The FTC complaint says that Zoom claimed it offers end-to-end encryption in its June 2016 and July 2017 HIPAA compliance guides, which were intended for health-care industry users of the video conferencing service. Zoom also claimed it offered end-to-end encryption in a January 2019 white paper, in an April 2017 blog post, and in direct responses to inquiries from customers and potential customers, the complaint said.

Source: Zoom lied to users about end-to-end encryption for years, FTC says | Ars Technica

The Police Can Probably Break Into Your Phone

At least 2,000 law enforcement agencies have tools to get into encrypted smartphones, according to new research, and they are using them far more than previously known.

At least 49 of the 50 largest U.S. police departments have the tools, according to the records, as do the police and sheriffs in small towns and counties across the country. And local law enforcement agencies that don’t have such tools can often send a locked phone to a state or federal crime lab that does.

With more tools in their arsenal, the authorities have used them in an increasing range of cases, from homicides and rapes to drugs and shoplifting, according to the records.

Source: The Police Can Probably Break Into Your Phone – The New York Times

Five Eyes governments, India, and Japan make new call for encryption backdoors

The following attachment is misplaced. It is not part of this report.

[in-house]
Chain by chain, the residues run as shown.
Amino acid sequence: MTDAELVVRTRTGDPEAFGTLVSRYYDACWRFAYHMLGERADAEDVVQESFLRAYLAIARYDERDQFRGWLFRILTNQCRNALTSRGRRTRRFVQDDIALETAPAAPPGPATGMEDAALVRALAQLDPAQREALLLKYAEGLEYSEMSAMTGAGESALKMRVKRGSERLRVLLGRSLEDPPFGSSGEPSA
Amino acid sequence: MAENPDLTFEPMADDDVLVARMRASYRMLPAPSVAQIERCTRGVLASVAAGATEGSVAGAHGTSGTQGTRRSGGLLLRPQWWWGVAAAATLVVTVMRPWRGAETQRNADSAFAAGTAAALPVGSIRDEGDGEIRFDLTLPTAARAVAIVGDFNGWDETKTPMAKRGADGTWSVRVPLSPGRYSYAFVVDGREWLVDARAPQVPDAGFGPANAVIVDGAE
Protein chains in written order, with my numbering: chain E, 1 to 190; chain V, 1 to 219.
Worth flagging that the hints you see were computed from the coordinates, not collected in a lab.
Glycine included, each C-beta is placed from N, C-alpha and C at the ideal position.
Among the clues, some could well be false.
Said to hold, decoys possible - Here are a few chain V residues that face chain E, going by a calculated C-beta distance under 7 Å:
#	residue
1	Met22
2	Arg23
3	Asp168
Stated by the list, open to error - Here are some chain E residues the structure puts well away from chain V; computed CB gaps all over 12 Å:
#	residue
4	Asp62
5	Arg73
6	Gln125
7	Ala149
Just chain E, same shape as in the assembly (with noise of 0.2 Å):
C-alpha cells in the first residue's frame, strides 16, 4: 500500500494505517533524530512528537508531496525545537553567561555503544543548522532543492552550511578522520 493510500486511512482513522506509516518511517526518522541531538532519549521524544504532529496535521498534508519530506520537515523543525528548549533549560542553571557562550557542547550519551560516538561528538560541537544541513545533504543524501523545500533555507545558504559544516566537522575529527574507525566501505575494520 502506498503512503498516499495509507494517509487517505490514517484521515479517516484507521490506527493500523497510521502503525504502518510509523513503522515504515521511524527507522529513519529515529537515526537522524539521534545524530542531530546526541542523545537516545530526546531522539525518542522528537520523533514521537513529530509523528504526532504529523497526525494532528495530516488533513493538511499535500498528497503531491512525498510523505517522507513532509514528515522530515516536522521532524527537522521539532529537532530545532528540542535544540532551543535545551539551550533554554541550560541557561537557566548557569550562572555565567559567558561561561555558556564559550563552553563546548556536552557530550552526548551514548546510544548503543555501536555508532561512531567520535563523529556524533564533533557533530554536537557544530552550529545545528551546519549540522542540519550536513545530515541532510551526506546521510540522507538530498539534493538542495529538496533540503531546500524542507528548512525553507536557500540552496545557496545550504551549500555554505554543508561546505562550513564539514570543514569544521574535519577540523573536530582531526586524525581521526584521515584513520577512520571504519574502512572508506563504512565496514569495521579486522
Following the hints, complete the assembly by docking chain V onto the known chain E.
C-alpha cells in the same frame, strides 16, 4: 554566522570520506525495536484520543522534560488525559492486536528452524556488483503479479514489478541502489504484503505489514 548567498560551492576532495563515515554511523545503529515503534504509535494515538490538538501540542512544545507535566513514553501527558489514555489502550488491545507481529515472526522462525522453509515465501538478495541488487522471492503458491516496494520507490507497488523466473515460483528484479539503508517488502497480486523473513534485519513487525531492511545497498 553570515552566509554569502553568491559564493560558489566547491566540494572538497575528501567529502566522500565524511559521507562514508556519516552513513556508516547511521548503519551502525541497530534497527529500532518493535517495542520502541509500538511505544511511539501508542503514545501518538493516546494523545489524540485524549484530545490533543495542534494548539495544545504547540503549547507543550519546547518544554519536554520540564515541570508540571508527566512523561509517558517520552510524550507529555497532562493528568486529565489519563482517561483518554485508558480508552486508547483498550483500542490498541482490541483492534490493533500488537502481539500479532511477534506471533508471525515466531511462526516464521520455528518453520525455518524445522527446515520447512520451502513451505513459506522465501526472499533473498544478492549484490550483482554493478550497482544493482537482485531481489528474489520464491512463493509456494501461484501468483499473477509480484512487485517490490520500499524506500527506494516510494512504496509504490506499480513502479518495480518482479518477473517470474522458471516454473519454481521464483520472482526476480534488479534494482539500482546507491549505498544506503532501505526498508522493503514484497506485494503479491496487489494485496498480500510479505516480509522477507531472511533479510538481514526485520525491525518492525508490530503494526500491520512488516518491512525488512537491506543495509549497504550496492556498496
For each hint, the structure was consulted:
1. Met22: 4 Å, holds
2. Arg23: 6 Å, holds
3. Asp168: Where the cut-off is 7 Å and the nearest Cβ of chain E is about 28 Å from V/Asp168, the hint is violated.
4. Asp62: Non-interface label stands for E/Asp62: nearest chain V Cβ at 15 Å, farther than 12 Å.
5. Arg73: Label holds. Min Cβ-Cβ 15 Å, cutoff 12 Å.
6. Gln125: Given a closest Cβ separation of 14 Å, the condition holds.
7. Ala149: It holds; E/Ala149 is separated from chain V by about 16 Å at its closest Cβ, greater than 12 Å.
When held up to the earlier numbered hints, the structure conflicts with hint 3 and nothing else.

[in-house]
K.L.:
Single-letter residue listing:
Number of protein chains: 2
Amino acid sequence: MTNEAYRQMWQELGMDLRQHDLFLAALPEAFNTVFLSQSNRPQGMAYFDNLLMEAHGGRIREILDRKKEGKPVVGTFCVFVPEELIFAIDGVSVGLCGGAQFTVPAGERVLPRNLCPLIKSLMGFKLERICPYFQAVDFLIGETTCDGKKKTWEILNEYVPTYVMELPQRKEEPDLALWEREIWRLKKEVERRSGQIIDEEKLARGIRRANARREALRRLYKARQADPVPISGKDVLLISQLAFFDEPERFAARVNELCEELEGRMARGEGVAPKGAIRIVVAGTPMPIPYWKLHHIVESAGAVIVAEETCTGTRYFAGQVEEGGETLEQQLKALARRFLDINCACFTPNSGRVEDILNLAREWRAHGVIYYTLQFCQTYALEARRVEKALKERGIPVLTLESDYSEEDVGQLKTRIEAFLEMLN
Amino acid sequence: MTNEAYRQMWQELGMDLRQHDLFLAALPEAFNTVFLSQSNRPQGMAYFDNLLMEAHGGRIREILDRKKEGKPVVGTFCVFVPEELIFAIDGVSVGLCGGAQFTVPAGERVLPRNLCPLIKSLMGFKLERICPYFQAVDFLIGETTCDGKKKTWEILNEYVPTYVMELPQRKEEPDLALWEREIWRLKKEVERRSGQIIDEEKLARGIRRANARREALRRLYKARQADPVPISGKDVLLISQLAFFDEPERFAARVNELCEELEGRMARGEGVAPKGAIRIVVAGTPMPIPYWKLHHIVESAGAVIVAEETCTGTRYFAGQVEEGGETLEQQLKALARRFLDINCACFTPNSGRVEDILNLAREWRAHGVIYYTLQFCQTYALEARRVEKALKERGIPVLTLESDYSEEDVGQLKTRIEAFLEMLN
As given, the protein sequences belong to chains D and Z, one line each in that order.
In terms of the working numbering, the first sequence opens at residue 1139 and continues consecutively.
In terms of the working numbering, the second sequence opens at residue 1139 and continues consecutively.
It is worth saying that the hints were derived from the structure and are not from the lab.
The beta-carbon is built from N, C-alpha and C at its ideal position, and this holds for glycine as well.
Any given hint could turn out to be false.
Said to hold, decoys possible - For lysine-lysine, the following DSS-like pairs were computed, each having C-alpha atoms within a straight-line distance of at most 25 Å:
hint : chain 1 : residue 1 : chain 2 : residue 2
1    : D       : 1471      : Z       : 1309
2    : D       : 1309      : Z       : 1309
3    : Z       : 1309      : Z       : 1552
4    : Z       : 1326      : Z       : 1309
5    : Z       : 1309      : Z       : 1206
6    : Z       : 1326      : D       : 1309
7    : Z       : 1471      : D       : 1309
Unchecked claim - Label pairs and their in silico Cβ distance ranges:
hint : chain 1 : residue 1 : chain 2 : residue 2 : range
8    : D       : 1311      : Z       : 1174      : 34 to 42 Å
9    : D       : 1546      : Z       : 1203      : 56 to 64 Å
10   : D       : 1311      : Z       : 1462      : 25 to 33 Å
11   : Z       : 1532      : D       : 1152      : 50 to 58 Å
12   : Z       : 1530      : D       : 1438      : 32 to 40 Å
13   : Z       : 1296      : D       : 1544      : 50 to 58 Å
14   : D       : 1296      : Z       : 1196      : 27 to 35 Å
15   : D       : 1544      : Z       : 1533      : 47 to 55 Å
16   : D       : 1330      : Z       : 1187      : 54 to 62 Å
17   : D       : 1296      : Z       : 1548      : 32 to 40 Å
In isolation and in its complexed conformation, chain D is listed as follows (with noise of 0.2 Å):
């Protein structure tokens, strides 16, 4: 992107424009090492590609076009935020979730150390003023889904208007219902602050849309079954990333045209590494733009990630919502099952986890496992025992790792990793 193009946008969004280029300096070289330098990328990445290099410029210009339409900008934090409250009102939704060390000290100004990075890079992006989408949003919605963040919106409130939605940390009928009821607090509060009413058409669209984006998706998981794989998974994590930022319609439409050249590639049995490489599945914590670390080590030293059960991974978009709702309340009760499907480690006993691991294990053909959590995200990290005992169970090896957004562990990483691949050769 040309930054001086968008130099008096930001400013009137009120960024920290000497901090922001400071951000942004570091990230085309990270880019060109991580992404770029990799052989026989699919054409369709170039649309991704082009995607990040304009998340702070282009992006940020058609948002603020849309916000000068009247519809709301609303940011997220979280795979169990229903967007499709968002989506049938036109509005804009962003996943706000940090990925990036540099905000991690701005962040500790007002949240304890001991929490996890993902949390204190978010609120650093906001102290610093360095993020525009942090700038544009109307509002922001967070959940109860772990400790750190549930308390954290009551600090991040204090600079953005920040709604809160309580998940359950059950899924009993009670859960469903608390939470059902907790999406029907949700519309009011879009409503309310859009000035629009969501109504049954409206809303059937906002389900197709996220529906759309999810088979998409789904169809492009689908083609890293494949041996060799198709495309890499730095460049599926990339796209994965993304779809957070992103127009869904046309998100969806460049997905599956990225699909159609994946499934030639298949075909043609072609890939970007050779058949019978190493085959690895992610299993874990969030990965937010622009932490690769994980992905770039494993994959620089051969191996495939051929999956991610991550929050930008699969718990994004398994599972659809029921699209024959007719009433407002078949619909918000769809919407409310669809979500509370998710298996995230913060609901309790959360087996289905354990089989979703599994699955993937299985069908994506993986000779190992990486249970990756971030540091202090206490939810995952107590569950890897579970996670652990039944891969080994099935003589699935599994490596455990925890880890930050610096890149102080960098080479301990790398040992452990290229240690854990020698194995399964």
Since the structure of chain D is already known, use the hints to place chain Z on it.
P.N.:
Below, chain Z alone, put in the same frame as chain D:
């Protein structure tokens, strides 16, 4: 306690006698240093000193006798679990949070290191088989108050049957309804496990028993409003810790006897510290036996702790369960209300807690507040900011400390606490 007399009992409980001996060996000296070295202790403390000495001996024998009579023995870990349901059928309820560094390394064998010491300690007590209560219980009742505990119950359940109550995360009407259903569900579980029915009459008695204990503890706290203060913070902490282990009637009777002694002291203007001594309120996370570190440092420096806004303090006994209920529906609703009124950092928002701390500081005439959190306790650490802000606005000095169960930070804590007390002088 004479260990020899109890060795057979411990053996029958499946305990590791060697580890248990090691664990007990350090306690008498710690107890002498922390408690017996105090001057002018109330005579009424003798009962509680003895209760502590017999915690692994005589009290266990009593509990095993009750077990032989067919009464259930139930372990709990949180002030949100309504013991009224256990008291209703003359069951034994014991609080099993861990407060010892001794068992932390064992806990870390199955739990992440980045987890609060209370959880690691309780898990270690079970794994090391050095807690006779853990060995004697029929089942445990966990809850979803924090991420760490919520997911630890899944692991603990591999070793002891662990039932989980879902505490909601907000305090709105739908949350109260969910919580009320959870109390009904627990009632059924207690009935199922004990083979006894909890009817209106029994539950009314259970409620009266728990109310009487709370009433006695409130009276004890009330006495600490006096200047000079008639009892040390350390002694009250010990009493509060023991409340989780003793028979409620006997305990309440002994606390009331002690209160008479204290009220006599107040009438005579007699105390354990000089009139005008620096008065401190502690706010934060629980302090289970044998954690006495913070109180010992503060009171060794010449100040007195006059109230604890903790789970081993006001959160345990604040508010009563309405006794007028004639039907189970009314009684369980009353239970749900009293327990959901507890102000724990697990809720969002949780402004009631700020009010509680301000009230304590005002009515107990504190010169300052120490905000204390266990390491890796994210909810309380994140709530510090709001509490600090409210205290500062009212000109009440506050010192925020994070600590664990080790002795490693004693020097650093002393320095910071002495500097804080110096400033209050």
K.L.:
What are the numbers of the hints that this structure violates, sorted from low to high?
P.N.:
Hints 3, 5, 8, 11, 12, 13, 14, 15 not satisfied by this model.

Members of the intelligence-sharing alliance Five Eyes, along with government representatives for Japan and India, have published a statement over the weekend calling on tech companies to come up with a solution for law enforcement to access end-to-end encrypted communications.

The statement is the alliance’s latest effort to get tech companies to agree to encryption backdoors.

The Five Eyes alliance, comprised of the US, the UK, Canada, Australia, and New Zealand, have made similar calls to tech giants in 2018 and 2019, respectively.

Source: Five Eyes governments, India, and Japan make new call for encryption backdoors | ZDNet

The EU’s Timetable for Dismantling End-to-End Encryption

Lobbying of “lawful access” to end-to-end encrypted services has moved from the U.S. to the European Union—where advocates for anti-encryption laws hope to have a smoother ride.

The public signs of this shift in the EU—which until now has been largely supportive toward privacy-protecting technologies like end-to-end encryption—began in June with a speech by Ylva Johansson, the EU’s Commissioner for Home Affairs.

Source: Orders from the Top: The EU’s Timetable for Dismantling End-to-End Encryption

European Police Malware Could Harvest GPS, Messages, Passwords, More

The malware that French law enforcement deployed en masse onto Encrochat devices, a large encrypted phone network using Android phones, had the capability to harvest “all data stored within the device,” and was expected to include chat messages, geolocation data, usernames, passwords, and more.

As well as the geolocation, chat messages, and passwords, the law enforcement malware also told infected Encrochat devices to provide a list of WiFi access points near the device.

Organized crime groups across Europe and the rest of the world heavily used the network before its seizure, in many cases to facilitate large scale drug trafficking.

Source: European Police Malware Could Harvest GPS, Messages, Passwords, More